By: John F. Kelly, Ph.D. Addiction Medicine, Harvard Medical School - Posted Oct 03, 2017
By: Kelly Fitzgerald - 06/22/16
By: Constance Scharff Ph.D. - Posted Apr 21, 2016
By: Kelly Fitzgerald - 07/04/16
By: John Lavitt - 7/15/2016
By: Jordan Hansen - 05/02/16
The Diagnostic and Statistical Manual of Mental Disorders, Fifth Addition (2013), DSM-5, describes substance use disorders as a set of cognitive, behavioral, and physiological symptoms with an underlying change in brain circuits that may be maintained beyond the period of detoxification. These changes in the brain may result in repeated relapses and intense cravings that are tied to exposure to drug-related stimuli. The DSM-5 also indicates that the impact of the substance abuse can be persistent, requiring long-term approaches to treatment. Substance use disorders are diagnosed based on the presence of pathological patterns of behavior that result from the use of the substance, including:
Impaired control over the use of substances
As a result of the use and abuse of drugs or alcohol, the life of an addict can feel chaotic, out of control and overwhelming. Decisions are made as reactions, impulsively and with extreme behavioral responses. There is little to no moderation or regulation of behavior or emotion, and the person struggling with addiction will engage in unhealthy behaviors to seek pleasure or escape discomfort. These impulsive and compulsive behaviors will occur regardless of their consistently negative outcomes.
As the disease of addiction has such a devastating and persistent affect on a person’s life, overcoming addiction requires intensive, ongoing intervention, often including a residential treatment component. While in a residential treatment program, a patient is provided with the opportunity to escape from external factors that contribute to, and trigger, the unhealthy thoughts, feelings and behaviors that drive addiction. Within this controlled and structured environment, the patient is exposed to healthy strategies for coping and living in sobriety. In the process, he or she is taught to recognize the internal and external experiences that drive the desire to use the addictive behaviors, while learning and practicing the skills and tools that may help manage high-risk situations. The person will learn and practice behavioral, cognitive and affective coping skills, while insulated from the triggers within the community, with immediate access to therapeutic resources.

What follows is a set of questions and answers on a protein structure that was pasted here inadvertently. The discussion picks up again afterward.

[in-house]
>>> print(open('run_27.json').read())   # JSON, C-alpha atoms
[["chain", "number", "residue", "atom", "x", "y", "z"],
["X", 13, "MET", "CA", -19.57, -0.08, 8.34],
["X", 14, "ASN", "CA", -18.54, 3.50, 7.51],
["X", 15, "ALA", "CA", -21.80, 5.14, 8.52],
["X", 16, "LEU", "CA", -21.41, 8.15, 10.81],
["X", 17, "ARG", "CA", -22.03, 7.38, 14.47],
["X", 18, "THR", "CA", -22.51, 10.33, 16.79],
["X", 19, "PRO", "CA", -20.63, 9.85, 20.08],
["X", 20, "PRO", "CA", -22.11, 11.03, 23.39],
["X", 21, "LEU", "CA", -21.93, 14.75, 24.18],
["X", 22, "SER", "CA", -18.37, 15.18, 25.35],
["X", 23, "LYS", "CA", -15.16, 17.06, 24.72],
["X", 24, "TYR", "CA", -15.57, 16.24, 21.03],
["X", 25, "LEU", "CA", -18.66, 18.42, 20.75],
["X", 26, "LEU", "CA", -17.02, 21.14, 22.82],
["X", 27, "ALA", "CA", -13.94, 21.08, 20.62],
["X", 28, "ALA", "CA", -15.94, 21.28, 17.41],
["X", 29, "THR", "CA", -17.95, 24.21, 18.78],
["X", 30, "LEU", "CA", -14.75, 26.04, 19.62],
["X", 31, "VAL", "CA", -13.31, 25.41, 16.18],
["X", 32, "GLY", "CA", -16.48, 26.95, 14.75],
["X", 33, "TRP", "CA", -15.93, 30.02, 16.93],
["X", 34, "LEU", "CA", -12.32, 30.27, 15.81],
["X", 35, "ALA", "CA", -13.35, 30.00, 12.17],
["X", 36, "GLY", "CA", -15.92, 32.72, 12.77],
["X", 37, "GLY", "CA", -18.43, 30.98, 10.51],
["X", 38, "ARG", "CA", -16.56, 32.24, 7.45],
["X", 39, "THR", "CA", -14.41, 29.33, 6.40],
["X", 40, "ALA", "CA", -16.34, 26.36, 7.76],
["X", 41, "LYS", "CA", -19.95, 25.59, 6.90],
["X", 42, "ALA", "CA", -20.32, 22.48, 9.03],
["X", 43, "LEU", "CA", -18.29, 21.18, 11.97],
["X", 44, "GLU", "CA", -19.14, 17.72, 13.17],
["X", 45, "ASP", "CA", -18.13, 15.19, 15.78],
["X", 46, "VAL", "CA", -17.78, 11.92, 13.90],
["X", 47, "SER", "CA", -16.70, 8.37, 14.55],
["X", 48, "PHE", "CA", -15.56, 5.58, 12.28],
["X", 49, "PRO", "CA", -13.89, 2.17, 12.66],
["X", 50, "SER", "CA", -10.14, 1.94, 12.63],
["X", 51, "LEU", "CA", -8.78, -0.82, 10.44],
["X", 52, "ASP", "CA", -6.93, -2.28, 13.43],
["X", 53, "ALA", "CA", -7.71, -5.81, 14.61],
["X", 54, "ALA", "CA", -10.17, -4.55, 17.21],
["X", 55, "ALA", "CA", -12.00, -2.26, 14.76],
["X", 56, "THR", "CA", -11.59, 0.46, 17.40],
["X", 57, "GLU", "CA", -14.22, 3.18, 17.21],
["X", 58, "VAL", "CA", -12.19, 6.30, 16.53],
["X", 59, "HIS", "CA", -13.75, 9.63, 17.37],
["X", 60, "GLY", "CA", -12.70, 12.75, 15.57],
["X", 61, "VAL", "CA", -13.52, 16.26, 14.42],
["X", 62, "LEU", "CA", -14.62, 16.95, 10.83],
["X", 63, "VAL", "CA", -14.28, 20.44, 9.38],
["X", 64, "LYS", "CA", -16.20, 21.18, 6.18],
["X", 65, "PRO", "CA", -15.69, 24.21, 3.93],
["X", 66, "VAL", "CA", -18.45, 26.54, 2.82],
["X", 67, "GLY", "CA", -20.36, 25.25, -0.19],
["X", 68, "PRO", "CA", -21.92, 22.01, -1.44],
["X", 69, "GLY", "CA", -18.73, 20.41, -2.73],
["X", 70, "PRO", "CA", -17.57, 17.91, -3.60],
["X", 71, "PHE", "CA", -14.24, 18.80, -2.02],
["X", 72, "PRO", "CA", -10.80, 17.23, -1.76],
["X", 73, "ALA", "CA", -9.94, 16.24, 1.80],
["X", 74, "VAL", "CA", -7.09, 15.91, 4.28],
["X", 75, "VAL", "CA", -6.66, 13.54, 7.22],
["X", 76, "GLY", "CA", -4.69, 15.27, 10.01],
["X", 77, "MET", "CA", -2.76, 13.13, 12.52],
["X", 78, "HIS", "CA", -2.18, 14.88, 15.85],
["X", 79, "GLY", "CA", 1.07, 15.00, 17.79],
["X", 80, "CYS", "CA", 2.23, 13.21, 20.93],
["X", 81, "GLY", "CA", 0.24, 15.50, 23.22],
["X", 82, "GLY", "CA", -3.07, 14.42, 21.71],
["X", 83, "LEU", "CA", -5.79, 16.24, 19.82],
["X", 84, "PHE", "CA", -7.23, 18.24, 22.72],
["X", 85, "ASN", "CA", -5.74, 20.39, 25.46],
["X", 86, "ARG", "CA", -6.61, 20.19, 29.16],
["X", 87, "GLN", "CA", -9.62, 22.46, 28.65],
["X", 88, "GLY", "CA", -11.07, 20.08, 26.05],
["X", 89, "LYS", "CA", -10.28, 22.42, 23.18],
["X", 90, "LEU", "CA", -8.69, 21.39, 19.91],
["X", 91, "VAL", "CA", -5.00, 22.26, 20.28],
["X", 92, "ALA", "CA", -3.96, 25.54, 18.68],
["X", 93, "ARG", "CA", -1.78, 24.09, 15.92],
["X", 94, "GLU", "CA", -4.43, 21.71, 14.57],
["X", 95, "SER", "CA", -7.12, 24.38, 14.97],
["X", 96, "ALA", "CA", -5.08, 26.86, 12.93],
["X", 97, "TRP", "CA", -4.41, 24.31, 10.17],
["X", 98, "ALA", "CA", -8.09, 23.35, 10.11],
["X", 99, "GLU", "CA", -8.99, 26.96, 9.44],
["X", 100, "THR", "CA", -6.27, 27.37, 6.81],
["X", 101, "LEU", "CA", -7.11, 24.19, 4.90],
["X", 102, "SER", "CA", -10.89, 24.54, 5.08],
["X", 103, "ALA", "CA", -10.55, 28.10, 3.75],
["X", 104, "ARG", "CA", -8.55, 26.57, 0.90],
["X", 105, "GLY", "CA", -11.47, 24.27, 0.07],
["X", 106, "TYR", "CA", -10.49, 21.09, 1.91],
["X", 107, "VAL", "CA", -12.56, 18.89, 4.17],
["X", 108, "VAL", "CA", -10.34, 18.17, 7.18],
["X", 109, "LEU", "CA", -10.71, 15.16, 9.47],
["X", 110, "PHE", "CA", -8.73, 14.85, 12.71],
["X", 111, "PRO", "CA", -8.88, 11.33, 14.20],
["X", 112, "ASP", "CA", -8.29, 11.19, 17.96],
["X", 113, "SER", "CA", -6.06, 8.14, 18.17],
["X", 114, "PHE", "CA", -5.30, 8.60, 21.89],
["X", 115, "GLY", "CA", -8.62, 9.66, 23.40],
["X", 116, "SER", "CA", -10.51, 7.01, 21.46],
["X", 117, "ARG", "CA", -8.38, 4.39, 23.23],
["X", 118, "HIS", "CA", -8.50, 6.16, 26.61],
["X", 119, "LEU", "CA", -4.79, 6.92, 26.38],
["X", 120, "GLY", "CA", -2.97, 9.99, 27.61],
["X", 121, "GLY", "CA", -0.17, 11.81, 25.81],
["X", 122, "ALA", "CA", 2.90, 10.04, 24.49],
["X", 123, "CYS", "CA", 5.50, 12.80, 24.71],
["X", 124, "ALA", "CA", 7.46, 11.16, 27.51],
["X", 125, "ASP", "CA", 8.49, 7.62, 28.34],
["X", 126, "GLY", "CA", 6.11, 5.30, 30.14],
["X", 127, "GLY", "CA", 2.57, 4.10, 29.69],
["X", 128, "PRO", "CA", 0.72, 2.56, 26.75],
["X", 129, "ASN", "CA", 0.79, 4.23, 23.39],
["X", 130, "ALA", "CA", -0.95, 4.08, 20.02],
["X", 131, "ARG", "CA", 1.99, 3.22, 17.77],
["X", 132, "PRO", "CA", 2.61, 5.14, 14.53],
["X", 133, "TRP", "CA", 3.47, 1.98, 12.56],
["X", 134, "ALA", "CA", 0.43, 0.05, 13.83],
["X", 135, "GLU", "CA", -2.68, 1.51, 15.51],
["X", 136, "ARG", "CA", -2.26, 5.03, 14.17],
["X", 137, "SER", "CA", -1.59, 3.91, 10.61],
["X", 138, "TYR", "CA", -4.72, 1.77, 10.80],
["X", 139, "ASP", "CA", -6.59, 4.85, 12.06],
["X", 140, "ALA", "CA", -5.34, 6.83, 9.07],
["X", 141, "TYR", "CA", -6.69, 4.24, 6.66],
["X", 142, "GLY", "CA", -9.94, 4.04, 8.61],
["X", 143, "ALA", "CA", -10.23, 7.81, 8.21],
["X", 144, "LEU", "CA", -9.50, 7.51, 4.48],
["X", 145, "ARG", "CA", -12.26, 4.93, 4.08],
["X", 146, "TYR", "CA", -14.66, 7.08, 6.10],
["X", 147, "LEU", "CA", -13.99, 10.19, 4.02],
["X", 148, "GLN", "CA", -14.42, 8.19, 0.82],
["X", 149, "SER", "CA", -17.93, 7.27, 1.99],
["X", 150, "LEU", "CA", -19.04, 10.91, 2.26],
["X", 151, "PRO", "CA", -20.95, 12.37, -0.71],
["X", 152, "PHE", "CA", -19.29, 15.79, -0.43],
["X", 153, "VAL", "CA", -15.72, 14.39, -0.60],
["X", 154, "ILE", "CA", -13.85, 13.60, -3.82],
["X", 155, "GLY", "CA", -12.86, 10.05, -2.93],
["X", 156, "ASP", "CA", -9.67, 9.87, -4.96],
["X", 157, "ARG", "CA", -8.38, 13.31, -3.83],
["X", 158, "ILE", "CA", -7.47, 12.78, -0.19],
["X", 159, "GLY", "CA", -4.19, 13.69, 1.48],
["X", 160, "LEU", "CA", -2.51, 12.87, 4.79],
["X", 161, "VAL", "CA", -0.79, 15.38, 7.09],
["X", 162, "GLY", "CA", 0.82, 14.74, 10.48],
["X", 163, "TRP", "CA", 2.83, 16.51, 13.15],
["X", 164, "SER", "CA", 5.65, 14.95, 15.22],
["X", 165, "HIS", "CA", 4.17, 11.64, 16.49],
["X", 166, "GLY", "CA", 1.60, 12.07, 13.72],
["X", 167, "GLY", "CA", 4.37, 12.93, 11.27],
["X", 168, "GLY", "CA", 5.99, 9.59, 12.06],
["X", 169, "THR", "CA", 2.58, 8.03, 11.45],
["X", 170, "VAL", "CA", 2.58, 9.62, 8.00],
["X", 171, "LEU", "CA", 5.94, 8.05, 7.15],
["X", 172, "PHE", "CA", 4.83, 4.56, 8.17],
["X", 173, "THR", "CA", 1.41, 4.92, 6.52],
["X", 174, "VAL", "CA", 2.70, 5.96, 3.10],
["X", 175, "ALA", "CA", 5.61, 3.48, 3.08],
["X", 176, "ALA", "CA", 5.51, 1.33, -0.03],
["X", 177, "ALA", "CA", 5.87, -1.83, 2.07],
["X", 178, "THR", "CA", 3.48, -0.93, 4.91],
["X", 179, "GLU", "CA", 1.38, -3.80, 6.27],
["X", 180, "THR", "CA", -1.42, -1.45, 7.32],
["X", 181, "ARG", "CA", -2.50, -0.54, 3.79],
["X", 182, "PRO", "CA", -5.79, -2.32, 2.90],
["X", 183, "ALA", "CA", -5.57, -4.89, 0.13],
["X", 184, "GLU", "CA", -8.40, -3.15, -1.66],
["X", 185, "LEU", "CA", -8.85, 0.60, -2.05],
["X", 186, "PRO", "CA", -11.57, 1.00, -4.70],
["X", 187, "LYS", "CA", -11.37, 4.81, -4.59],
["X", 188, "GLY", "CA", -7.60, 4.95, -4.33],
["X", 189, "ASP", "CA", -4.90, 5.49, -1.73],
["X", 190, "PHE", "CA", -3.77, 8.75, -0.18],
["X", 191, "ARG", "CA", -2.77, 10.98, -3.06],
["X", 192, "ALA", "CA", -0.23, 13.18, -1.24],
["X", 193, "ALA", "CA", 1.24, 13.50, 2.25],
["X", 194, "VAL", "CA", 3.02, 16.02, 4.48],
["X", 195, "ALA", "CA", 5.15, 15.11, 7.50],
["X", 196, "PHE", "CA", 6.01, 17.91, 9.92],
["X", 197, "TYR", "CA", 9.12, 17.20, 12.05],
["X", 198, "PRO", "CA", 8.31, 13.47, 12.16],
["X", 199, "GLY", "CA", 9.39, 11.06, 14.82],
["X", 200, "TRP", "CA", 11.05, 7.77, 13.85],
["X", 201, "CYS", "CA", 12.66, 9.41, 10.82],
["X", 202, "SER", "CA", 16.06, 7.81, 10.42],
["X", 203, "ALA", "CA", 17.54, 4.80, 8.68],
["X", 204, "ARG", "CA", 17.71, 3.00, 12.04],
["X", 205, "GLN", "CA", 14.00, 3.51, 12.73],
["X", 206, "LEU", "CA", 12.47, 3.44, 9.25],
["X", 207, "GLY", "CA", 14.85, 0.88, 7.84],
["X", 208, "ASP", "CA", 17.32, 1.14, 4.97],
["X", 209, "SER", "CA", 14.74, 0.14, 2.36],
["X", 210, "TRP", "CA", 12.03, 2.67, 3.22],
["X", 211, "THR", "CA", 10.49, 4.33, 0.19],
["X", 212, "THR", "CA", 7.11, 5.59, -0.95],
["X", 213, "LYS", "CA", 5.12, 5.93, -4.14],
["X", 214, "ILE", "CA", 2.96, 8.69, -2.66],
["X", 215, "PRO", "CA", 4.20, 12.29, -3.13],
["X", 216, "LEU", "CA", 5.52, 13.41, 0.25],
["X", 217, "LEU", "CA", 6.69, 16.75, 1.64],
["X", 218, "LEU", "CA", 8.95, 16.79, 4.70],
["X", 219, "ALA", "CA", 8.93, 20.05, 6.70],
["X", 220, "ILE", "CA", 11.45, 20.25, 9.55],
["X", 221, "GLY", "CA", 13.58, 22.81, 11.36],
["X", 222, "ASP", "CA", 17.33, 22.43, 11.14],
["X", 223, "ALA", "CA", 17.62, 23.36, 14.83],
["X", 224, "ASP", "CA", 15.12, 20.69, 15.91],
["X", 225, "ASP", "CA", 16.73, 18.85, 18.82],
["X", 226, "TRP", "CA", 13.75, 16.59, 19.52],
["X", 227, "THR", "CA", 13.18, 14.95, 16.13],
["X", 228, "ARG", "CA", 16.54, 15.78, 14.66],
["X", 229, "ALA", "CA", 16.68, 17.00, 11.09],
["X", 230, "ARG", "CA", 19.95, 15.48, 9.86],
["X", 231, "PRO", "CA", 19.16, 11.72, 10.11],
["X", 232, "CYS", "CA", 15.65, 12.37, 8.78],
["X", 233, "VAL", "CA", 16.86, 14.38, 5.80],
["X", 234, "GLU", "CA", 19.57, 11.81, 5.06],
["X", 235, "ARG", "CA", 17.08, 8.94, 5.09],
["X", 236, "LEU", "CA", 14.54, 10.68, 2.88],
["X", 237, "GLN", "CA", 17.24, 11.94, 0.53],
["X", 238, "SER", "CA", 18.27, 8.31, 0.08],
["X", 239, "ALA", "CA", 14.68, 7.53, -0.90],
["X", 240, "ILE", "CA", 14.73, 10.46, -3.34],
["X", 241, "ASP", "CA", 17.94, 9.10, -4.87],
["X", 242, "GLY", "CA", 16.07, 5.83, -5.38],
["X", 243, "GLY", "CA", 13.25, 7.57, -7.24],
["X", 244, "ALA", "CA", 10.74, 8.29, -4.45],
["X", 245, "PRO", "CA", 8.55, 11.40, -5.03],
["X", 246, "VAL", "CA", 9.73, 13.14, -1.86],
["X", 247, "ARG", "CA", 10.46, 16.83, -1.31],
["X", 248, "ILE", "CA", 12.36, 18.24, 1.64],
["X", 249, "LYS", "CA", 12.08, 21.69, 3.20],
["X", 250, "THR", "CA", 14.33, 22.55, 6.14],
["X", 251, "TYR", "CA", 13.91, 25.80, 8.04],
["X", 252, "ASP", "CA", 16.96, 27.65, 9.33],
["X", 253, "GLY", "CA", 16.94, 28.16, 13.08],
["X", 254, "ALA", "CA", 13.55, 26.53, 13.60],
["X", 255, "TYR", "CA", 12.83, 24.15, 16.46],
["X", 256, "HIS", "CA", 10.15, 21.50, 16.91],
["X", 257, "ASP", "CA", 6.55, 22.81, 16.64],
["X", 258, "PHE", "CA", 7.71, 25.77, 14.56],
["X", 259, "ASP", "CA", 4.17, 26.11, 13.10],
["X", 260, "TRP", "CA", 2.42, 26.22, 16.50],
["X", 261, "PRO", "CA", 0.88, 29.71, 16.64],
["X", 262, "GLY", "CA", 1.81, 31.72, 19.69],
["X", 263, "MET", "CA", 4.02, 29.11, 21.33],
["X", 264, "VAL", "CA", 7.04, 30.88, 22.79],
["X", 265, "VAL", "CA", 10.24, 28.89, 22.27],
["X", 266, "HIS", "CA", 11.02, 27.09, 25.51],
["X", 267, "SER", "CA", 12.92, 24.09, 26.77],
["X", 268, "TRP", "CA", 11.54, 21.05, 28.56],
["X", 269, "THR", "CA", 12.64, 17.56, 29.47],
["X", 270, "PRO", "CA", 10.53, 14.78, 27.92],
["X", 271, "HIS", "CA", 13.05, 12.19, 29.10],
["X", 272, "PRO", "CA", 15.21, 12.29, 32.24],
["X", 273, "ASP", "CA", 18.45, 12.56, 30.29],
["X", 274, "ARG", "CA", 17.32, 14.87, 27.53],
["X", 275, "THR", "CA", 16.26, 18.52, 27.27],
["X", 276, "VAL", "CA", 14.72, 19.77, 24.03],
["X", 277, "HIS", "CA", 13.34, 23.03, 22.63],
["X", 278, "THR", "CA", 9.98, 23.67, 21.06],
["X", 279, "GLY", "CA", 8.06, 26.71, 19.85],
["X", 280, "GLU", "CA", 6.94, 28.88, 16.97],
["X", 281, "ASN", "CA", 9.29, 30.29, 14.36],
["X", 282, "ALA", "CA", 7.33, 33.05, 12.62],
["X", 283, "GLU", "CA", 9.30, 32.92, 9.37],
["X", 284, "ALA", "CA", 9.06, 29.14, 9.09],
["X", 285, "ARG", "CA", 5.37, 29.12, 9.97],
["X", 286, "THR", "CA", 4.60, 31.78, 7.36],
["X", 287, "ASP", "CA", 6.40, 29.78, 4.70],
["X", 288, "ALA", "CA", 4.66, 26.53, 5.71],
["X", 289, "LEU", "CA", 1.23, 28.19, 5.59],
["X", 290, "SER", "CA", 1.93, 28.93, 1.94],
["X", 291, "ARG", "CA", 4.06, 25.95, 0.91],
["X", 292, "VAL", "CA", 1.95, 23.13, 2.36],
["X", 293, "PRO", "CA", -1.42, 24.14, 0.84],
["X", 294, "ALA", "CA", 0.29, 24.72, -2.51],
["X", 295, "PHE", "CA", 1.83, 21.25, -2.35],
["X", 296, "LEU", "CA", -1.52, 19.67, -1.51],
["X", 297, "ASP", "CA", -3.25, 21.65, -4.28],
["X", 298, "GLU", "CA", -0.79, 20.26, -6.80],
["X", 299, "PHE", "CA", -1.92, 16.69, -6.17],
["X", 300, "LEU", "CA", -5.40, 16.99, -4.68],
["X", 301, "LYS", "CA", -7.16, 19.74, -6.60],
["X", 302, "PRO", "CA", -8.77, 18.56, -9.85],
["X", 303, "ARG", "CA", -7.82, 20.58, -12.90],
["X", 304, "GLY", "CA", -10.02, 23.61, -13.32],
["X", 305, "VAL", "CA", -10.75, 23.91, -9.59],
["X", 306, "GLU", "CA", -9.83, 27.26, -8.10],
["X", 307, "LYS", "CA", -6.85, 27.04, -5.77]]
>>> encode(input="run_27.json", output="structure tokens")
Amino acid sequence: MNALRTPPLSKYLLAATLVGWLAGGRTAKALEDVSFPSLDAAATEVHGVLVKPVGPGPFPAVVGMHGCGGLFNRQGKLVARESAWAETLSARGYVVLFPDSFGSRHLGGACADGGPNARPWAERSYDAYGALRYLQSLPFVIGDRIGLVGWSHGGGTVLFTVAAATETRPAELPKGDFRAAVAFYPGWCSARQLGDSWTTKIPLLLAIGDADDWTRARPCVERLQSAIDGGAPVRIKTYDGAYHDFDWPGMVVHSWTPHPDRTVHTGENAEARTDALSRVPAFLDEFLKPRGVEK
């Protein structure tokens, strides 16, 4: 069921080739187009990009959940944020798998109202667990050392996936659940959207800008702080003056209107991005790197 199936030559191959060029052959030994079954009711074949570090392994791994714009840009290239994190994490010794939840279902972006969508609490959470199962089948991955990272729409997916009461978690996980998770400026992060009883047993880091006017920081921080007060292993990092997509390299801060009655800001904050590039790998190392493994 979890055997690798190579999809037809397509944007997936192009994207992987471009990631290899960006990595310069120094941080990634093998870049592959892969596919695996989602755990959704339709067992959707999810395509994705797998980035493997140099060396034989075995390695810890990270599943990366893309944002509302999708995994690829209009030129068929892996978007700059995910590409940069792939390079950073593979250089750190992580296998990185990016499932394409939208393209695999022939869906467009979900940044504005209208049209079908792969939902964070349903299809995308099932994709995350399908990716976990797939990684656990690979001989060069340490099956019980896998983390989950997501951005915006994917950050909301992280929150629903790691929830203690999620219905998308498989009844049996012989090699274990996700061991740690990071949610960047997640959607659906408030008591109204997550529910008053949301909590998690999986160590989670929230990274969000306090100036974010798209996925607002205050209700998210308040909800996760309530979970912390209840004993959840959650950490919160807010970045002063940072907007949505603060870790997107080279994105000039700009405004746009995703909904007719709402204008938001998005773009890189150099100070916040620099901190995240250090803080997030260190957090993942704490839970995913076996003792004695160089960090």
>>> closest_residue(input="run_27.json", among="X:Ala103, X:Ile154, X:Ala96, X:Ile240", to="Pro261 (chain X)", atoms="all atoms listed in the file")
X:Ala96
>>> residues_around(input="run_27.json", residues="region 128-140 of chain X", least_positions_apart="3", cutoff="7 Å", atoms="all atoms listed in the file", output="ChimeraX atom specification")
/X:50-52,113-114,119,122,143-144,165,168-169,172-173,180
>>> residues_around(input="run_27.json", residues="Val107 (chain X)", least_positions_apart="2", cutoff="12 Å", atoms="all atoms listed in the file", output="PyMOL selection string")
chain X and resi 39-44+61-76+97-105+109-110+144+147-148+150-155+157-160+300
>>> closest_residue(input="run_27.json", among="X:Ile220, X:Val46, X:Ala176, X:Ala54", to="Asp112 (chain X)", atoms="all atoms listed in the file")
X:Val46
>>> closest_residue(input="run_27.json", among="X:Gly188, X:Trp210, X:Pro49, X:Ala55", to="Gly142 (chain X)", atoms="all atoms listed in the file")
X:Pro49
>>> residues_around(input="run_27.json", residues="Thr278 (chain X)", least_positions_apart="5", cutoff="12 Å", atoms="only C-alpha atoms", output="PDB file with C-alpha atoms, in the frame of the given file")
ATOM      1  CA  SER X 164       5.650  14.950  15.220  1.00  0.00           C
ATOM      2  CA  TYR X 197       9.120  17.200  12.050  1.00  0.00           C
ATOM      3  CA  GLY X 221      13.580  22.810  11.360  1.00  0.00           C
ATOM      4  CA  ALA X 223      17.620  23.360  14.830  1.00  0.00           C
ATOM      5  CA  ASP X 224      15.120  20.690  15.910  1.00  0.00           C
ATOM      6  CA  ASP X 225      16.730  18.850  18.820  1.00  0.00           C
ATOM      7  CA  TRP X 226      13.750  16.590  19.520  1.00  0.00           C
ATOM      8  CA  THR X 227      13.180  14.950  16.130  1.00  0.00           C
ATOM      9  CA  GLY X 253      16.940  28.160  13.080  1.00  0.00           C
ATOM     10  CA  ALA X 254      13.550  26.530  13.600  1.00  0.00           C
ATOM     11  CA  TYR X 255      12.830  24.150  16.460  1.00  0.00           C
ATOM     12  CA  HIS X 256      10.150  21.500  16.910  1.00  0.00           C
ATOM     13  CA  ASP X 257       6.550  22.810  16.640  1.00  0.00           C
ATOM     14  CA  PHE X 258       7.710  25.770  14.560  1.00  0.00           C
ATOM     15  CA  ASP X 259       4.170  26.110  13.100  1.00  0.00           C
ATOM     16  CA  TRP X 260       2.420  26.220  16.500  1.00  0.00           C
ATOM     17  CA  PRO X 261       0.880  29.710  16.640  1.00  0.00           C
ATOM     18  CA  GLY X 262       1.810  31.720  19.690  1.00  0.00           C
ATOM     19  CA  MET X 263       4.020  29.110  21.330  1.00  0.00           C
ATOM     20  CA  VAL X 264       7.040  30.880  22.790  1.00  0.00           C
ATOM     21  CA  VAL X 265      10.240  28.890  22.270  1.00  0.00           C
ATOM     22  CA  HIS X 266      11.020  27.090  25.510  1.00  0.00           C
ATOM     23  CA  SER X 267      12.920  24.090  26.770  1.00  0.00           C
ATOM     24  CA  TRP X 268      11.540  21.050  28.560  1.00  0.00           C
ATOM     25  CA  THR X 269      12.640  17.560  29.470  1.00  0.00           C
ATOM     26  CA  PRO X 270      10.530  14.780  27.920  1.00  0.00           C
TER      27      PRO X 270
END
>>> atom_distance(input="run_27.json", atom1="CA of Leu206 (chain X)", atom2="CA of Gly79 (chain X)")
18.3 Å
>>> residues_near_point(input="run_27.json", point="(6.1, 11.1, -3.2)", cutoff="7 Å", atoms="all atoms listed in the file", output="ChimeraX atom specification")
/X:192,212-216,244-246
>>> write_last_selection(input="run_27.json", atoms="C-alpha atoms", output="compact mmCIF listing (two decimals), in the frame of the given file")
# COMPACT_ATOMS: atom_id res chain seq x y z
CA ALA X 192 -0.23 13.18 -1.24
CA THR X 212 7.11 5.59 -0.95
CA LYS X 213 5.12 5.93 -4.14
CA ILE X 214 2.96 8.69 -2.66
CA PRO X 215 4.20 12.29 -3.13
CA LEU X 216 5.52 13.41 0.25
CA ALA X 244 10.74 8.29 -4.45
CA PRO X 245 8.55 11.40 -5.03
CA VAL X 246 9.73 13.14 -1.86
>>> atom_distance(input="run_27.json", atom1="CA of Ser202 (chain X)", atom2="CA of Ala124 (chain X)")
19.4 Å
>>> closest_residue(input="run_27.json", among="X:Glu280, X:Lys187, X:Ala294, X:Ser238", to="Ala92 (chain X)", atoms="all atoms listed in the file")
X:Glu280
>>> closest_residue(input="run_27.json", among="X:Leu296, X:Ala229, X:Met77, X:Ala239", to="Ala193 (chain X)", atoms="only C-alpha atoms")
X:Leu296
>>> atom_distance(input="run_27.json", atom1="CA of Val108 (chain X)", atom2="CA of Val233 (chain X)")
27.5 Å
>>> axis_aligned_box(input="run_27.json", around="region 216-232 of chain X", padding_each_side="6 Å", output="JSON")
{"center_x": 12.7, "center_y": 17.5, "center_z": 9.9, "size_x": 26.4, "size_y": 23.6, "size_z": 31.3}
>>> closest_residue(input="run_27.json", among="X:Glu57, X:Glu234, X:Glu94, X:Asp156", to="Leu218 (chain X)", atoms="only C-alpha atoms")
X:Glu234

While residential treatment provides an opportunity for patients to maintain abstinence as they learn and practice the use of healthy coping skills and tools that can support a sober lifestyle, the transition back out into the community often leaves the patients vulnerable to falling back into unhealthy thought and behavior patterns that maintain addiction. In a study conducted with chronic opioid dependent patients transitioning from inpatient care to outpatient treatment, after 90 days from the time of discharge, only 22% of the patient remained in aftercare treatment and less than 3% were verifiably abstinent from opioid use (Davison, Sweeney, Bush, Correale, Calsyn, Reoux, Sloan, & Kiviahan, 2006). This lack of follow through with outpatient treatment and the high potential for relapse (Gerhardt, Breitschwerdt, & Thomas, 2015; Nordfjaern, 2011) are a distinct reality of the transition from more restrictive to less restrictive levels of care. These early stages of recovery are a time of significant vulnerability for patients in recovery, and there is a significant need for consistent support to help them maintain sobriety. In fact, research suggests that patients do not begin to experience the benefits of treatment until they have received approximately three months of care, and that patients should engage in six to twelve months of non-residential treatment in order to make stable gains (Kellogg & Tatarsky, 2012).
Relapse may be understood as the process by which a person in recovery engages in the unhealthy cognitive, social and behavioral patterns that existed prior to treatment, and potentially leads to a return to active use of drugs or alcohol. It is often the result of a combination of personal, family, social or treatment related factors, including: